Dr. Carstens reported there has not been any increase to the number of days or the amount of time for the ultrasound. The doctors would like to see an increase in the local lab services although they expect it will decrease later this year.

When asked about why tests were not being done in Kitimat, Carstons explained there was a machine which did a full range of tests but was getting out of date. They are getting a new chemistry analyzer but the older machine did more tests. One such test is how well diabetes has been controlled over the last 6 months. These tests are done else where.

Barb Campbell compared health care to a brick wall. Slowly, the mortar is being taken away and the wall comes down. “That’s been my whole thing about our facilities and health care in Kitimat ... we must maintain what we’ve got and what we’ve got is not what we had 4-5 years ago because ultrasound, a little of that mortar has been taken out. Eventually, we will not have a facility that will give us adequate health care in Kitimat,” said Campbell.

Carstens stated there were three pieces of equipment in the lab under discussion, a chemical analyzer, a NSA machine and the microbiology machine. The latter was lost a year ago due to centralization. The machine was purchased by the Max Lange Foundation 5 years ago and is sitting in the lab not being used. Now, one machine does 85% of the work, the machine which does 15% of the work is what they will lose.

There was a lot of concern about KHAG not being able to do anything to help the hospital. It was suggested they go public on the business in the form of letters to the media.

Goffinet asked for a motion. Campbell stated she has asked to see their 5 and 10 year budget plan for the Kitimat Hospital. She said they needed to see the budget and business plan so they could see what is coming in the next five years. She said the plan is a public document and the community needs to see the plan.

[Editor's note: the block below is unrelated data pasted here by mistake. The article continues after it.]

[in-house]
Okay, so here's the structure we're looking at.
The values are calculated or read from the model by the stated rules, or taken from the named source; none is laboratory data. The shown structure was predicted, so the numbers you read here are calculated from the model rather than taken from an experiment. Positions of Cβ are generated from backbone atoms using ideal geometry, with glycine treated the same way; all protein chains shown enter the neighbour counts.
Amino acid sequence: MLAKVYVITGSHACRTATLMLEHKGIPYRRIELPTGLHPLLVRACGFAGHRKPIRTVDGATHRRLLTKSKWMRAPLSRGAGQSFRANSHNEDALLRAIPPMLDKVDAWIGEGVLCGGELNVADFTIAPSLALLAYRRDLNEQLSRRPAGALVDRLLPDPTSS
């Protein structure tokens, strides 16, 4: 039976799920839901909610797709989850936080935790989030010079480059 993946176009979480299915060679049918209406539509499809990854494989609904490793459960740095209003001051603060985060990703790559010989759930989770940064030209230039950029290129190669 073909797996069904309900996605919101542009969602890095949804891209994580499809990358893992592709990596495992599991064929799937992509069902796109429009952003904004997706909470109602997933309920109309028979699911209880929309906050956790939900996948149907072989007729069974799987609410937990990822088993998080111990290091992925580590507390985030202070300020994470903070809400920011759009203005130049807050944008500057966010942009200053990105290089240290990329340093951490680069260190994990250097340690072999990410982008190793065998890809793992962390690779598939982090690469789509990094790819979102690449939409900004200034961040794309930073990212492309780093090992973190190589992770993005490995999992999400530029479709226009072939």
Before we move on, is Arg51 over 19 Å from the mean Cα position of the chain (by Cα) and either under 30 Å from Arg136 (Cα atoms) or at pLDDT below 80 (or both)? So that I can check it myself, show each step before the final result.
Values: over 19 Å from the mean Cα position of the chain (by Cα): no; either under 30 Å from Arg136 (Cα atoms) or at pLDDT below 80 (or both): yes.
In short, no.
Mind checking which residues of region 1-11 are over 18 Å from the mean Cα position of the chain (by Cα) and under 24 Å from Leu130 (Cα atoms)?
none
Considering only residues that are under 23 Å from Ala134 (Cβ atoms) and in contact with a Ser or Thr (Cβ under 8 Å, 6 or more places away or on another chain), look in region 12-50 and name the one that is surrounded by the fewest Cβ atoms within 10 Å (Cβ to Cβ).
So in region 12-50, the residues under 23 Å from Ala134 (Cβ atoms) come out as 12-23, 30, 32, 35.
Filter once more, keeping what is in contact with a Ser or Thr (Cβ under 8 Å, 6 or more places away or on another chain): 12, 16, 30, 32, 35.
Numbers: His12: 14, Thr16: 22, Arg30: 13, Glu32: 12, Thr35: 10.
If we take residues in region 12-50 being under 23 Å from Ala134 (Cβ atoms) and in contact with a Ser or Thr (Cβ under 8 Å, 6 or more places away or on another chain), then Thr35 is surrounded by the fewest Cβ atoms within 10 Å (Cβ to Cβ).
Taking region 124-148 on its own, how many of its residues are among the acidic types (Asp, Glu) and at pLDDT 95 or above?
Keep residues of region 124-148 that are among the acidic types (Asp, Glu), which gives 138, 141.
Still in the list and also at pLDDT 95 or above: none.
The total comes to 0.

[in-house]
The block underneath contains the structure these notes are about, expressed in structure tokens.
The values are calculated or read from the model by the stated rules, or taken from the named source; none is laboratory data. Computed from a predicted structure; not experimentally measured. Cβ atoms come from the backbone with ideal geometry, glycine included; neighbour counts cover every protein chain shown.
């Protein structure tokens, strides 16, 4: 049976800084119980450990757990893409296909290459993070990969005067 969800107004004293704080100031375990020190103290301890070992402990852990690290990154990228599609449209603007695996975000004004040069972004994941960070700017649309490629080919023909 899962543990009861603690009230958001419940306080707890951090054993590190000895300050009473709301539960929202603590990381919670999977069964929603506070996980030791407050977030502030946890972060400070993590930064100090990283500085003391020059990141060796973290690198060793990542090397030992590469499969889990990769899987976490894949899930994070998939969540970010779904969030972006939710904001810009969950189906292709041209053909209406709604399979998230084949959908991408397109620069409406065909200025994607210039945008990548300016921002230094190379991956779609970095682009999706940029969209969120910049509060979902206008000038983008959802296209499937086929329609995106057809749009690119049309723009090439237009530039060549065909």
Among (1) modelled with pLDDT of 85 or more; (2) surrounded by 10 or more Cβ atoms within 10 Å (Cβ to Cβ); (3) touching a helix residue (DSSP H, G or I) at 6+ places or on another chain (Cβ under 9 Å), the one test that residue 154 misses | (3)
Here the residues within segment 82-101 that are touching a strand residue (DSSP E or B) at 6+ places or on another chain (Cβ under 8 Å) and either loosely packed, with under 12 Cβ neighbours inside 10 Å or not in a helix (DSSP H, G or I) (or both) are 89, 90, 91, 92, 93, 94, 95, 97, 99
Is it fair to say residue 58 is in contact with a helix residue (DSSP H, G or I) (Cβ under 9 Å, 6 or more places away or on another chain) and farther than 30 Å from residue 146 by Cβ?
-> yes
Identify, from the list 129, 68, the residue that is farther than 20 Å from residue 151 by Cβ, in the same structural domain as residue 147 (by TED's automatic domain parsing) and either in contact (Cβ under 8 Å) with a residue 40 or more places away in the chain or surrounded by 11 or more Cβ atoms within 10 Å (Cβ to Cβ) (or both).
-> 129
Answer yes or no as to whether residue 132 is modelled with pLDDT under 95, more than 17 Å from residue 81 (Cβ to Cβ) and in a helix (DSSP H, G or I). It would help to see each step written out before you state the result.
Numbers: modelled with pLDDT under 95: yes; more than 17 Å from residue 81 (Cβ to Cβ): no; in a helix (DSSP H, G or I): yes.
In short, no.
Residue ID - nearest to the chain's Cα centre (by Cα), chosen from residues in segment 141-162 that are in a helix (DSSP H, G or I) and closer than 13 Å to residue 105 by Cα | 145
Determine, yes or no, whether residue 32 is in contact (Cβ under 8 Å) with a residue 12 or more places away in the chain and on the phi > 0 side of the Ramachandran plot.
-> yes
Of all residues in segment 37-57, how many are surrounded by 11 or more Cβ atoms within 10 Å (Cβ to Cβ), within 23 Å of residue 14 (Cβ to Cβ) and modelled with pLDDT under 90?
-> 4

The motion was amended to request to include the 1 year plan see the plans within the next 2 weeks. The motion was carried.

Schiller was given the floor to speak about community and home care. She said Kitimat is no worse than any other community with regard to residential care beds. She said other communities need more residential care beds as well.

She said their home support staffing was stable and were hard working. Home support had the most requests for help in the morning and evening, although some times they are under utilized by the community. She said beds in multilevel care were at a premium so they have to ask people to temporarily go somewhere else until a bed becomes free. Currently, there are 15 on a waitlist to get in and 3-4 in acute care.

They are re-formatting an adult activation program that will be run with Mountainview Lodge. They hope to have it open at the beginning of March. It will run 5 days a week and will be available to people in the community, as well as residents of Delta King and Mountainview Lodge.

There was also talk about the new care building in Kitamaat village. Schiller suggested looking at the possibility of transferring Haisla living in assisted living to the new building and freeing up some beds.